Well, nothing really.

But here’s where it is interesting – D&D creates situations where you may not have considered your actions thoroughly. The referee of the game, the Dungeon Master (DM) acts as the storyteller and explains what happens by interpreting the dice rolls of the players, gauging the success or failure of their actions and endeavors. The DM also tells or shows the story, acting as the narrator. A good DM thinks ahead. This DM/Player interaction is shared between a group of people, so the chances of it turning into a descriptive, murderous, sex-spree is unlikely. People are normal.

If a player wishes to play an evil character, they are usually the odd one out, and the DM, as a good referee of the game will point out that acting in evil ways will always have consequences, often resulting in the death of the evil character.

There are safe moral lessons in D&D – we may think that killing Orcs and Goblins in their cave lair is the right thing to do, but what happens when we stumble upon their young? It makes your players stop and think for a moment, asking themselves if there is a different way to approach this?

There are some powerful fictional deities in the fantasy world of D&D – do enough evil and you will attract the attention of the lawful good gods, controlled by the DM. Your character won’t last long.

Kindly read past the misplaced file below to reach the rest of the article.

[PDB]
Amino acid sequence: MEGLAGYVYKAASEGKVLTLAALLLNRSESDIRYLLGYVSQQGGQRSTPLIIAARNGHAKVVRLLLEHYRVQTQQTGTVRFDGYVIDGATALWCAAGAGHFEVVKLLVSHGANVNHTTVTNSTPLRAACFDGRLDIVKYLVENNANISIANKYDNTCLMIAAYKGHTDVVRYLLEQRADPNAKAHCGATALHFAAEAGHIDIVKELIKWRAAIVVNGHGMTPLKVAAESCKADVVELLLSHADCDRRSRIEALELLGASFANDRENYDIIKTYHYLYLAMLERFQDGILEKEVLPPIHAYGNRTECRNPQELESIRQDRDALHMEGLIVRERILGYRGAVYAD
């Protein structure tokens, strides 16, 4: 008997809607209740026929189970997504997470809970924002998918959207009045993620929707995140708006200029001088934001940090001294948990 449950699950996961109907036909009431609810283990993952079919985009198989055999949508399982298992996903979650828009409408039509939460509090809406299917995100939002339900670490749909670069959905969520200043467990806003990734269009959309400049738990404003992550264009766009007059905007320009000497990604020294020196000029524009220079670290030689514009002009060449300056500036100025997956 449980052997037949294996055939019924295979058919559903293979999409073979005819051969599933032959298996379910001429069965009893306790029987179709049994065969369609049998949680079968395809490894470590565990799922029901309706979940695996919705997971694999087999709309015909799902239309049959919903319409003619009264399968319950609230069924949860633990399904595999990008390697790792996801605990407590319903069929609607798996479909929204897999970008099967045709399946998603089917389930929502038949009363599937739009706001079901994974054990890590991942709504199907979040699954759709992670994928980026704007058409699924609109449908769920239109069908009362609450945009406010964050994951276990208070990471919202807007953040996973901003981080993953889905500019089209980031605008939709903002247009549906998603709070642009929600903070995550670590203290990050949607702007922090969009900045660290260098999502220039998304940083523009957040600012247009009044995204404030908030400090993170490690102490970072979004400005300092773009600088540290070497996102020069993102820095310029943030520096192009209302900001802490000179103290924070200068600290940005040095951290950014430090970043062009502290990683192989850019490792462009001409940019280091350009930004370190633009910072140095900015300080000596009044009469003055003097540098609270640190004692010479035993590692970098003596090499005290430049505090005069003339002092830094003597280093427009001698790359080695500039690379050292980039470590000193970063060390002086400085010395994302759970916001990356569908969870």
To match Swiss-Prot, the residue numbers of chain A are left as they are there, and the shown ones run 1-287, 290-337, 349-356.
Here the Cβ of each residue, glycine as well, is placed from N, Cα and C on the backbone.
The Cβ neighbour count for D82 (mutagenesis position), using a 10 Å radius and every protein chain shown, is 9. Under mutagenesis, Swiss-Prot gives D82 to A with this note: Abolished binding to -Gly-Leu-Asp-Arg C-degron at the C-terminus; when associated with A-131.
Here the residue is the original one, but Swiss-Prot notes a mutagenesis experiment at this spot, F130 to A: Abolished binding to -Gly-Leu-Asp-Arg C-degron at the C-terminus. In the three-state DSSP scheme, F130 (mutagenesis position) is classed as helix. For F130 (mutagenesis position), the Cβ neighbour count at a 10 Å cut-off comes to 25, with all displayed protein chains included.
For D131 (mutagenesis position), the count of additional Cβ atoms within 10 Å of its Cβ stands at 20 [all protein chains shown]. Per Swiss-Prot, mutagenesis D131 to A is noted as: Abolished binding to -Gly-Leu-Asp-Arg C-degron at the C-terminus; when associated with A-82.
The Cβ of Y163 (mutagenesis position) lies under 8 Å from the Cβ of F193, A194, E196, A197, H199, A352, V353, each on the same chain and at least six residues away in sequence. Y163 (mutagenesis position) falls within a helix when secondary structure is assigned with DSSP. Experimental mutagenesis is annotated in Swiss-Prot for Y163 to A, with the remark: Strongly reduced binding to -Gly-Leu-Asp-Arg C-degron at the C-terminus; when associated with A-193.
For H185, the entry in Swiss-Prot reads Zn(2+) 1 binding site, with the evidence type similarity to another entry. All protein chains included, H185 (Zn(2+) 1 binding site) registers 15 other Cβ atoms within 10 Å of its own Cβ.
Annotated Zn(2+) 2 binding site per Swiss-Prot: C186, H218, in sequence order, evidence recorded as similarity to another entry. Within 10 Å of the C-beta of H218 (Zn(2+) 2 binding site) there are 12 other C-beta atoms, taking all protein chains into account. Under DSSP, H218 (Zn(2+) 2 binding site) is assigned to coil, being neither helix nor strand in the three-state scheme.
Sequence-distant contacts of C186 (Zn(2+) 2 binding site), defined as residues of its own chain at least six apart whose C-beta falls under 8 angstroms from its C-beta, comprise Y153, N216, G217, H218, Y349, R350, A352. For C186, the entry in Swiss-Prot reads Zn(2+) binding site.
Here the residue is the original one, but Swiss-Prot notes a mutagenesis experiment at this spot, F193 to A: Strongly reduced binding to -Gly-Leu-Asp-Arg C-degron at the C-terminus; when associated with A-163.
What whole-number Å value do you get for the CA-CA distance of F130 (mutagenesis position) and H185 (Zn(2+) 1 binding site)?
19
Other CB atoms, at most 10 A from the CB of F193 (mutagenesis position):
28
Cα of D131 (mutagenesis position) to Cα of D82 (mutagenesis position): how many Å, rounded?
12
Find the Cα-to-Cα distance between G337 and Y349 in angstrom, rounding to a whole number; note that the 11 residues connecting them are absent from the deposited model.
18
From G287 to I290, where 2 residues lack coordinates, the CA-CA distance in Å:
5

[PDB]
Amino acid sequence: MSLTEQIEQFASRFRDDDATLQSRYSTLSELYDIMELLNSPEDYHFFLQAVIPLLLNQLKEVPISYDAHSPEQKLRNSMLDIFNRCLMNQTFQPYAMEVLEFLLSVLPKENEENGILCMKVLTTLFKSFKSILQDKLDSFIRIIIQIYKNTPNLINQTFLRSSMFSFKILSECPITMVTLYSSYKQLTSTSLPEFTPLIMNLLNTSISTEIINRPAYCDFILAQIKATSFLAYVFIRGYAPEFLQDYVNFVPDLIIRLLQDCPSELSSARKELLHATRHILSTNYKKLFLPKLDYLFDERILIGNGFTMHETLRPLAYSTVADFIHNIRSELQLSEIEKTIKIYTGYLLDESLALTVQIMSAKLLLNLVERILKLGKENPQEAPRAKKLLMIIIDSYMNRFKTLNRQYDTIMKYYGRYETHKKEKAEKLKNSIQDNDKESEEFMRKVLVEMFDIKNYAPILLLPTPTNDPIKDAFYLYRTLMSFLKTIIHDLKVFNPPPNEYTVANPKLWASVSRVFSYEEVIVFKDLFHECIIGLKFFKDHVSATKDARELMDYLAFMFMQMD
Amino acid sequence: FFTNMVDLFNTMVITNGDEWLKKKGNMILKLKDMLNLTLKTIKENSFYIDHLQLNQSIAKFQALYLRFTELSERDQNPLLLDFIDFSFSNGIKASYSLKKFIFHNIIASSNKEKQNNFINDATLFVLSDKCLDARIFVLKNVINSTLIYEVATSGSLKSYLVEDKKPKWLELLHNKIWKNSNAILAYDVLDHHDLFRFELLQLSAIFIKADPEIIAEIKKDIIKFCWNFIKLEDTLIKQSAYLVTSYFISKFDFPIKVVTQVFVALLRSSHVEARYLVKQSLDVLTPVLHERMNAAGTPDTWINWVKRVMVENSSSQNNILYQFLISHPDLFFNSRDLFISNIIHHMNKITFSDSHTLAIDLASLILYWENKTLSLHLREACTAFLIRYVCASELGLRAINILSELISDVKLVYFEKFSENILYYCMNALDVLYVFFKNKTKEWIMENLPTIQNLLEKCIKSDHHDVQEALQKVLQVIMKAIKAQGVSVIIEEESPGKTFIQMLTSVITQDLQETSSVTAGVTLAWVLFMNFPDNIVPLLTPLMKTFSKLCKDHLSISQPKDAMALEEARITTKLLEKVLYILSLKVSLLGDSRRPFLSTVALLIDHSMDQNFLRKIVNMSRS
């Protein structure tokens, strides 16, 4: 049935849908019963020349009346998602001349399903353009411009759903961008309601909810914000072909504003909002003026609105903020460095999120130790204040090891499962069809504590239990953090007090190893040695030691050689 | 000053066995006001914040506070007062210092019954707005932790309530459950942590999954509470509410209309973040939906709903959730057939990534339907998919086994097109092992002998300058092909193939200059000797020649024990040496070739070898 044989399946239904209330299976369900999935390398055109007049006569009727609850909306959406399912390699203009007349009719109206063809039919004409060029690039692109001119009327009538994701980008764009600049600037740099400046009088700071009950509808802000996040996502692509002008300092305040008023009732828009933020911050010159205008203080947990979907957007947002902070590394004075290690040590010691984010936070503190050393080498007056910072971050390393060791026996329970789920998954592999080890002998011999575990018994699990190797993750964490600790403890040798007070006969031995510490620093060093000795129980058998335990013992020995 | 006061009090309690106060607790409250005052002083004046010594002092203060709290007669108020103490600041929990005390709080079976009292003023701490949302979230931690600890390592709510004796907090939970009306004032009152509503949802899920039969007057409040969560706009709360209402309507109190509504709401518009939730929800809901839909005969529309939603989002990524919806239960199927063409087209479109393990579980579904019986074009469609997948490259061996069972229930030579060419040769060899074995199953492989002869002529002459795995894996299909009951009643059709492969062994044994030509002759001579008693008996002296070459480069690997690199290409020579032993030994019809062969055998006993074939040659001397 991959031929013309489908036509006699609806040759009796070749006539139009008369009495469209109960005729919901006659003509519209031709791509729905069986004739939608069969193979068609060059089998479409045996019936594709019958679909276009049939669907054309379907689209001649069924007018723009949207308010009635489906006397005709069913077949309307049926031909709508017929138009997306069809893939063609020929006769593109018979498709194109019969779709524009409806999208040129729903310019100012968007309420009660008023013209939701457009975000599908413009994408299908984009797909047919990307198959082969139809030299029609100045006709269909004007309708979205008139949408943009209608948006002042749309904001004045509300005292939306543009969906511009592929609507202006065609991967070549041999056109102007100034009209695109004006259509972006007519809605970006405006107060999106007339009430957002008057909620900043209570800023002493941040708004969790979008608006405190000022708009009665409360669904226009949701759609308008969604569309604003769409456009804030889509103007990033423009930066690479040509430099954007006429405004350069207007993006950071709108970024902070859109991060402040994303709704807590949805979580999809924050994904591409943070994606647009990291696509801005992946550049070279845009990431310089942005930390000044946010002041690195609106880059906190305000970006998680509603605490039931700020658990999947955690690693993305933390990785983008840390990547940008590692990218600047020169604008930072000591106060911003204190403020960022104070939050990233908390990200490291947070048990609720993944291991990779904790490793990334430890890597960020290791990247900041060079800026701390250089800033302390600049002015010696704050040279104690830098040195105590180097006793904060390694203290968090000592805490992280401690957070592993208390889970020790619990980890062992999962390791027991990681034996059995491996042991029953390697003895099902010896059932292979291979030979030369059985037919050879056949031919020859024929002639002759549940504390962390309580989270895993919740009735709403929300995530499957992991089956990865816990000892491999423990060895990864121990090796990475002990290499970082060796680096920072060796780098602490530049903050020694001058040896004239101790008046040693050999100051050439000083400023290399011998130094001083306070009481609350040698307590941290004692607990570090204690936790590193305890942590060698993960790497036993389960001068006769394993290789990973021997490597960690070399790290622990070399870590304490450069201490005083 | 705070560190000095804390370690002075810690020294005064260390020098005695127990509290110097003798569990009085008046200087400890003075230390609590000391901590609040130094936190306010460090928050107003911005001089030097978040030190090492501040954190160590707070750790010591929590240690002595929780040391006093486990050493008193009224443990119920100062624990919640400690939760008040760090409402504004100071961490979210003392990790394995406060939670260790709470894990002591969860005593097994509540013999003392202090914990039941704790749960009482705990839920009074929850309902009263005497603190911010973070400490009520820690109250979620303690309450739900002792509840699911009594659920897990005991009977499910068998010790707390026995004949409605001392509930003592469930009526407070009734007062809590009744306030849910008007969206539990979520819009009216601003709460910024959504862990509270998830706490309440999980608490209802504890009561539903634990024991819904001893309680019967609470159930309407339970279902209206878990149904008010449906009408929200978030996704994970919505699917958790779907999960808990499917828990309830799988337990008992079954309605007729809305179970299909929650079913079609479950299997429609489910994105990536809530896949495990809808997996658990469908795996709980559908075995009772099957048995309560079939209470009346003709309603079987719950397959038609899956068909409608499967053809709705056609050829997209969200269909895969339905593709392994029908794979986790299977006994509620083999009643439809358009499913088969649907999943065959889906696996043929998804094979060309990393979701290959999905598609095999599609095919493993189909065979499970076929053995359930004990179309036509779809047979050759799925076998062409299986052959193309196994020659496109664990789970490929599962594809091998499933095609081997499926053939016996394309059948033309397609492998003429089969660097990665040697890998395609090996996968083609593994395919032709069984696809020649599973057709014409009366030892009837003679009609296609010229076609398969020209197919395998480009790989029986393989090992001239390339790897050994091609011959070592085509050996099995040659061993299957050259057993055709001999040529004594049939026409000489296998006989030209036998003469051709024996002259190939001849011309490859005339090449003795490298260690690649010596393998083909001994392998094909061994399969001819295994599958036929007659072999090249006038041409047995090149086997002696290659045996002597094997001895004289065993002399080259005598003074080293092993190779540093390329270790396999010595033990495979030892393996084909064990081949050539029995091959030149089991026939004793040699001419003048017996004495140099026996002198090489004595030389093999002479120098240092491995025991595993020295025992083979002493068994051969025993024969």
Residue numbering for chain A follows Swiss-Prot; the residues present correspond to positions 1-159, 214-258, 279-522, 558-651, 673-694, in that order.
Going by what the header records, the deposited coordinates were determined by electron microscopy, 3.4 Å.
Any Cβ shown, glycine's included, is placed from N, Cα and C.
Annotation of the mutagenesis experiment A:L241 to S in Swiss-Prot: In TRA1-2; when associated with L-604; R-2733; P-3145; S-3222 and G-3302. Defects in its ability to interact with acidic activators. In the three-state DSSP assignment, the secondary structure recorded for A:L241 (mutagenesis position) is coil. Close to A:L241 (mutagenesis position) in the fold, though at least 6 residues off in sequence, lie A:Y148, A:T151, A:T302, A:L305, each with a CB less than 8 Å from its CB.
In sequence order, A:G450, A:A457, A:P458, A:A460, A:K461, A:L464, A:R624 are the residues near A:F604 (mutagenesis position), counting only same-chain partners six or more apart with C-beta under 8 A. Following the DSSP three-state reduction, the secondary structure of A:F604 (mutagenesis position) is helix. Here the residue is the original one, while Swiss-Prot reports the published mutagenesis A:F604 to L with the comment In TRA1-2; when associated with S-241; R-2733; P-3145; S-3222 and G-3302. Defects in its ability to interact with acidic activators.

Finally, D&D is a cooperative game, an evil character in the adventuring party is usually at a ratio of 1:4 – they will be outspoken by the other players and their game will not be as fun.

Ethan Gilsdorf says it better than I can in his book on fantasy role-playing. It was given to me as a gift by a good friend when at University who I had introduced to the game. Gilsdorf says:

“For me, the most interesting D&D games ask players to face murky ethical and morals situations, and force them into questionable behaviour” … “Does your ‘good’ character torture a goblin to get useful information that serves a higher goal? Is it okay to use a magic item that exerts mind control over other creatures to defeat a foe? D&D poses all these questions and provides opportunities for role-playing and testing ideas and decisions, all in a safe way, one that has no consequences in the real world but does teach us important lessons about how we might, or should, behave in the real world ourselves. Triumphing over that evil force helps reset our moral compasses.”

Ultimately society has to become far more objective and skeptical when we are approached by people trying to help us out, who tell is that we need to fear something based on their knee-jerk reactions and anecdotal data – even those who act as scientists have fallen fowl to speaking up without actually collecting facts and viewing them with an objective eye.

Fortunately science was able to correct the problem in the mid 90’s and sort out much of the lies and misinformation and admit that some of what was said as fact by therapists and officials was simply wrong. Science is good, but is easily misconstrued by false prophets.

Ultimately we have to learn, as a society, to see a moral panic when it happens. If we can do that, and not get caught up in the stinking mess, we may actually stand a chance at peace and harmony. Particularly if we learn from the mistakes of our ancestors – something which we need to maintain now that the generations of the world war are nearly gone.

J.D Ferris, CC